David Carr’s “The Night of the Gun” : A Washington Read

By Patrick 

Earlier: “Carr’s Time in D.C.

The New York Times’ David Carr, who edited the Washington City Paper for five years in the 1990s, is out with a new book — “The Night of the Gun” — and we’ve culled it for his recollections of his time in D.C.

Join us after the jump…

“With its history of narrative glories, City Paper was a kind of literary fantasy to the likes of me. I could recruit from the top of a class of nascent journalists, young people in a hurry who had come to Washington, DC, looking for a fast track. The staff ran the gamut from Eddie, a former ice-cream truck driver who generated legendary portraits of entropy; to John, who wrote tart political features with frightening ease; to Stephanie, with her big investigative heaves; to Amanda, a student of the District life, who did amazing profiles. We had Jason on cops, Erik doing the “Loose Lips” column, and Brad, an arts editor who was actually a newsman. Darrow, a quiet, hugely talented photographer gave the paper its trademarks black-and-white elegance. And when I was finally able to recruit and publish great black writers who reflected the minority culture — Neil, Ta-Nehesi, Jonetta, Jelani, Holly, Paul — it gave the paper a new measure of credibility and salience.

When I first arrived, in 1995, I was full of plans and full of shit. At our first meeting, the staff got a load of me and my brutal Midwestern accent and decided I wouldn’t last long. They had run the interim editor out on a rial with such ferocity that he had felt compelled to leave behind a dead fish in the ventilation system.

It was not that they weren’t talented–many of them went on to do great work at the City Paper and elsewhere–they were just privileged young people who had never experienced much of life beyond the hot-house of the fancy colleges in which they had come of age. There was a lot of smirking, eye rolling and notepassing — it reminded me a lot of high school. I took their manifest disrespets as a kind of provocation. They were, collectively, smarter than me. But tough? Not so much. Having been in rooms with people I owed money to — people who had guns and unknown intent–working in an office where people gossiped about what an idiot I was did not make a strong impression.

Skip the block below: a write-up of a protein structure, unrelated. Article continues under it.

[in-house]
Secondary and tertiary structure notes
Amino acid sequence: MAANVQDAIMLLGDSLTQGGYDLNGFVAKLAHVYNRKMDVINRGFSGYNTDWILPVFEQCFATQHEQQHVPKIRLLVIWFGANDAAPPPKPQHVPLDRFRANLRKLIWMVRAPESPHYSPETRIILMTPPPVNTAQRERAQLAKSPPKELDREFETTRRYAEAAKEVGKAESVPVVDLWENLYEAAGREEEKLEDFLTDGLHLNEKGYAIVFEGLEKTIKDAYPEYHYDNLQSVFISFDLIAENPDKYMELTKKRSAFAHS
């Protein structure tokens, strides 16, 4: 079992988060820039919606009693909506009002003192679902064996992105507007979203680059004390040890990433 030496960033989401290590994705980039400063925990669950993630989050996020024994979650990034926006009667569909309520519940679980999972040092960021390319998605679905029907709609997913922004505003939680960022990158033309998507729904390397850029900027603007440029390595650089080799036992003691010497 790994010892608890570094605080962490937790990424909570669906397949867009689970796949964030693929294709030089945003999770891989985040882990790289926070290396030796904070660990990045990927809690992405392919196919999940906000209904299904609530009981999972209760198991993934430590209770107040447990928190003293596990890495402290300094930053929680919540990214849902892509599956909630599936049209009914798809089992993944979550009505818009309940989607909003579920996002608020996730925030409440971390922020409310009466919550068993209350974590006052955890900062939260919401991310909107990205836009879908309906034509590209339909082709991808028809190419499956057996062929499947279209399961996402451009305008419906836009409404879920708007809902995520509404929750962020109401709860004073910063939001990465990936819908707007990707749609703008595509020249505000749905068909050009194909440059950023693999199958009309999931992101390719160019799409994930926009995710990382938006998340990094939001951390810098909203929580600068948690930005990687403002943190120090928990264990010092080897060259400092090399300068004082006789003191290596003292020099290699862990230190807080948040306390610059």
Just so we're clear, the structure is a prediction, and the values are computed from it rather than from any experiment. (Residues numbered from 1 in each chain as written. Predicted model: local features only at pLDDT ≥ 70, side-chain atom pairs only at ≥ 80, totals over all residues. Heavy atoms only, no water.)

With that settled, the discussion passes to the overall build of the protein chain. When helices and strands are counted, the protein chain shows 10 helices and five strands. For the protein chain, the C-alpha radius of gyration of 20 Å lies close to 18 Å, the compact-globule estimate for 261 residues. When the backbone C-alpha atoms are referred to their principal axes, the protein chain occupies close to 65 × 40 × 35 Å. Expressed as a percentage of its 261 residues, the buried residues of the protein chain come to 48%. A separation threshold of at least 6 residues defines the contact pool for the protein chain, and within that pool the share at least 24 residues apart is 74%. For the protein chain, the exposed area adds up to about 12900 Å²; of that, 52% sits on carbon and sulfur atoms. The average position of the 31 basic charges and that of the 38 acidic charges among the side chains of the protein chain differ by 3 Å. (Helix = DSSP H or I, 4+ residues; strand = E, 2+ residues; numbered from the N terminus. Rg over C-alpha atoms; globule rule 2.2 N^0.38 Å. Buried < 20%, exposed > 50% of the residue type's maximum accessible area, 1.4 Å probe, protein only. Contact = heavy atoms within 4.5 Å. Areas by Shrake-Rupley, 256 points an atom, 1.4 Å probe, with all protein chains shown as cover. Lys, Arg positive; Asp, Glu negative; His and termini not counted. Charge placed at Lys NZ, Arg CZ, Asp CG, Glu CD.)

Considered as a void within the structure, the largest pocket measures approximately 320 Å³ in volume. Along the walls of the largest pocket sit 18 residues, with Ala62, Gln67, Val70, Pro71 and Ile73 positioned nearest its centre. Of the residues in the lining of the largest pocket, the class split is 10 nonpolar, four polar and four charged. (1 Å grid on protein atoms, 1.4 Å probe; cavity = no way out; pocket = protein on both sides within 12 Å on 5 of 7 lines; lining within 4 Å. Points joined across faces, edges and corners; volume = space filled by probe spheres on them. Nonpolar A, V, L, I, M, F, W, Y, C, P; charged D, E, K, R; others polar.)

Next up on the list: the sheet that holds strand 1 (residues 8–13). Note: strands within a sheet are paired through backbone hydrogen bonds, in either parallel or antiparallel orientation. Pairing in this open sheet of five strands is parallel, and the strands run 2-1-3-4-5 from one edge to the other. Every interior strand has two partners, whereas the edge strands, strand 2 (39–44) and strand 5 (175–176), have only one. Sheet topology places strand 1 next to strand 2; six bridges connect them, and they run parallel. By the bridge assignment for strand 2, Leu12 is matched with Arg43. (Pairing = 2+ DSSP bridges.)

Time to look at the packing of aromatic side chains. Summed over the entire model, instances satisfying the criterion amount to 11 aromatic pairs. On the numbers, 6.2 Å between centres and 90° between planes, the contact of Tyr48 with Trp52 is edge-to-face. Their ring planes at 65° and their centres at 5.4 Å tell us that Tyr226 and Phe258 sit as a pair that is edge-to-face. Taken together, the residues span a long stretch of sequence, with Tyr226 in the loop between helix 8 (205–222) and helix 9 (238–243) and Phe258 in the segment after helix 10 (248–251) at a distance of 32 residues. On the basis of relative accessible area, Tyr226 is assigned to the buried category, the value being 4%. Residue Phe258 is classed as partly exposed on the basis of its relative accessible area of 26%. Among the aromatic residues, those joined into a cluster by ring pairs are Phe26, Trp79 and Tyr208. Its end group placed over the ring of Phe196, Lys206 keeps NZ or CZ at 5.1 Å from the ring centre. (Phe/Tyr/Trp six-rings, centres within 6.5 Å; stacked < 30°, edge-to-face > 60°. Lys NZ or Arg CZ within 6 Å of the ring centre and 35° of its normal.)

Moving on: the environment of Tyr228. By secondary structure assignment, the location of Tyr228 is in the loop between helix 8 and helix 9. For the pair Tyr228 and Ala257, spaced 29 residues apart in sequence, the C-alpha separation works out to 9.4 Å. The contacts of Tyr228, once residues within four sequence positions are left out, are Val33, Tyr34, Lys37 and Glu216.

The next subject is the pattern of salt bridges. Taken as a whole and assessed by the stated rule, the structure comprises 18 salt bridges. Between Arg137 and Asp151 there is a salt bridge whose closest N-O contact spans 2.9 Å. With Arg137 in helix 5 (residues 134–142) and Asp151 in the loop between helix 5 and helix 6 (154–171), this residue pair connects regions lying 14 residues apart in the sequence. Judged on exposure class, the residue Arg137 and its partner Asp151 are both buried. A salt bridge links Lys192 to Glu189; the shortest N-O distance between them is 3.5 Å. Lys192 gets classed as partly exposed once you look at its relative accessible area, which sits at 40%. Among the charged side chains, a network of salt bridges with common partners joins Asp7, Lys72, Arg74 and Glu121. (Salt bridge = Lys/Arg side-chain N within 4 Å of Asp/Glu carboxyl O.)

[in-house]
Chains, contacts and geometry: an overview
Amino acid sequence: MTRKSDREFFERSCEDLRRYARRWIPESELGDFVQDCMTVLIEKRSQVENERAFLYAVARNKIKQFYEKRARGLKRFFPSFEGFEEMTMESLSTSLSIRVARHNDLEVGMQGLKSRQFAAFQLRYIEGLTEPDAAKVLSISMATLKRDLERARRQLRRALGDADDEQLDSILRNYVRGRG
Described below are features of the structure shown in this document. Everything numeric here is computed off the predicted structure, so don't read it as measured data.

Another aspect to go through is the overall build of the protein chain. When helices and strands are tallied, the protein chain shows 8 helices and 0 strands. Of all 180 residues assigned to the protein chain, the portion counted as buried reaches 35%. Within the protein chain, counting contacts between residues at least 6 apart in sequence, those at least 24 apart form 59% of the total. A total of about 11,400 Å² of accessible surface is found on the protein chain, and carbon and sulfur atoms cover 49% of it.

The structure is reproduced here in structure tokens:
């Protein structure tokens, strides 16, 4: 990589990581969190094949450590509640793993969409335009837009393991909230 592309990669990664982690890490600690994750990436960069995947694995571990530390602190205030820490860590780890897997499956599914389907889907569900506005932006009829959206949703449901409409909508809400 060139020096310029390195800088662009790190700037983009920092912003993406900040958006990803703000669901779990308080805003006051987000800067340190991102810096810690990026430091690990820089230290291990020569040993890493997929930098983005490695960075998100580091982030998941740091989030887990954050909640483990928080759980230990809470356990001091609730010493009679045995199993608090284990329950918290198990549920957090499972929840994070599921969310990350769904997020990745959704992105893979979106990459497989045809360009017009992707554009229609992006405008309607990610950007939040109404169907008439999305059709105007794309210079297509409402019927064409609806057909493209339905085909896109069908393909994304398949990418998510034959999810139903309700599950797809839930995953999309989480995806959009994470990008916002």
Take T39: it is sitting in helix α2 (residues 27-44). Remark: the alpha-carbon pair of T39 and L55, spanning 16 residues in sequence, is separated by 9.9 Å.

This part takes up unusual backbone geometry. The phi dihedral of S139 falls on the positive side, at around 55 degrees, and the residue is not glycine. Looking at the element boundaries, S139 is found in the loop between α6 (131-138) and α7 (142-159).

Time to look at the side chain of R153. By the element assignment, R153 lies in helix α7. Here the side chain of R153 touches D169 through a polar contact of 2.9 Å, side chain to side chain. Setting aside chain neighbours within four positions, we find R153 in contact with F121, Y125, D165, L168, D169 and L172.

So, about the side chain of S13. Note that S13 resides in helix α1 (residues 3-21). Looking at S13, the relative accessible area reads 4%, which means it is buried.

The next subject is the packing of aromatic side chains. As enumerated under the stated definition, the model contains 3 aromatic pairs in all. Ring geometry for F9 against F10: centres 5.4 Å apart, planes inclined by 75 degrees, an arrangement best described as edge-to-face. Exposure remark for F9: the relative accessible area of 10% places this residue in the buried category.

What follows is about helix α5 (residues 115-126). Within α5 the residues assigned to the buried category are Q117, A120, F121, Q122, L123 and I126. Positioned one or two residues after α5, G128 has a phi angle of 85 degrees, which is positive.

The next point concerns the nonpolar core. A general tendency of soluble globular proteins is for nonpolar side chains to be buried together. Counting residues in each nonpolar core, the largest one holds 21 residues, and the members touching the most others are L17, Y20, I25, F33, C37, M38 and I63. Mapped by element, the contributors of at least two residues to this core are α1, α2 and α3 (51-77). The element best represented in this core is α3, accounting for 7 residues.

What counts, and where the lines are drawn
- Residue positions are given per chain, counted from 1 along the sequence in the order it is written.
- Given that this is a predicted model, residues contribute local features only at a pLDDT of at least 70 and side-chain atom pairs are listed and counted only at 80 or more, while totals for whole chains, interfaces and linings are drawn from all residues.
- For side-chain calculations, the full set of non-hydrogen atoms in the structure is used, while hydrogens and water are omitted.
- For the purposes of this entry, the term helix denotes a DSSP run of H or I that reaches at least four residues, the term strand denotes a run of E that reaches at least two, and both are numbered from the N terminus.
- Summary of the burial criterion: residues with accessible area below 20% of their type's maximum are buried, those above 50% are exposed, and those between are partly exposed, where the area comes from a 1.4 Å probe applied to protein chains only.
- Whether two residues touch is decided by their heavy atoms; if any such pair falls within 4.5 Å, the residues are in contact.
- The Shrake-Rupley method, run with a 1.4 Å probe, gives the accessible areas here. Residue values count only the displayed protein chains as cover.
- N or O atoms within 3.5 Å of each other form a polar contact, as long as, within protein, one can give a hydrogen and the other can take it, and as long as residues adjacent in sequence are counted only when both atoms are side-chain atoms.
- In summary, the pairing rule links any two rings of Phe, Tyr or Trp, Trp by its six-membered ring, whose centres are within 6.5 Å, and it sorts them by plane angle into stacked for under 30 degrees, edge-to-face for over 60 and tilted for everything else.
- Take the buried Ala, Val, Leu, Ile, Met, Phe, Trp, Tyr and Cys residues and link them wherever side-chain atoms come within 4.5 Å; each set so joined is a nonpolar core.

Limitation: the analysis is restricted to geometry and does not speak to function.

There were some issues of adjustment. Coming from Minnesota, a land of white people who eat white food in a frequently ;white landscape, Chocolate City, with its black middle class, political leadership and cultural legacy was a complete mystery to me. My first week, Jonetta, a black writer with deep connections in the political community, wrote a scathing indictment of the talent and intentions of the city’s leadership. Always in search of a snappy headline, I slapped this one on the cover: “Black Hole: Why Isn’t the Black Community Producing Leaders Worth Following?” I got mau-maued from every corner, but it both reminded me to watch my cracker mouth and steeled me to push back when it was required. Some marginal dude self-selected as a spokesperson would call and say, “We in the community have discussed your most recent issue…” and I’d say, “You mean the community I work in, live in, my kids go to school in, and I pay taxes in, or some other community I don’t know about?” Or they’d begin with, “You can’t say that,” and I would respond, “Well, we just did, so let’s work from there.” …

Erik, who worked as a freelancer, a columnist, a deputy editor and eventually ran the place, talked about that when I went to see him on a trip to Washington in 2006.

“I do believe that I heard whispers among really smart people around Washington or people who had known you that held the view that your ambition was greater than your skill. There was a disparity there that was eventually going to have to play itself out.” …

And I partied. Not drinking or using, but lots of going out, lots of dinners, lots of people over. The work was objectively good. My job was not to screw up a good paper, and I managed that. We beat the Washington Post on a couple of important stories, and published a paper that people talked about — perhaps not always with a great deal of fondness.

I still had some growing up to do as a manager. I often treated people’s carefully wrought stories as little more than dots on the screen and then more or less dared them to take issue with what I had done. Not that I could not pull good work out of people–I just had a tendency to grind them down at the same time. The office of Brad, the emphatic and talented arts editor, was known as the Cape of Good Hope, while my end oft he office was known as Cape Fear. …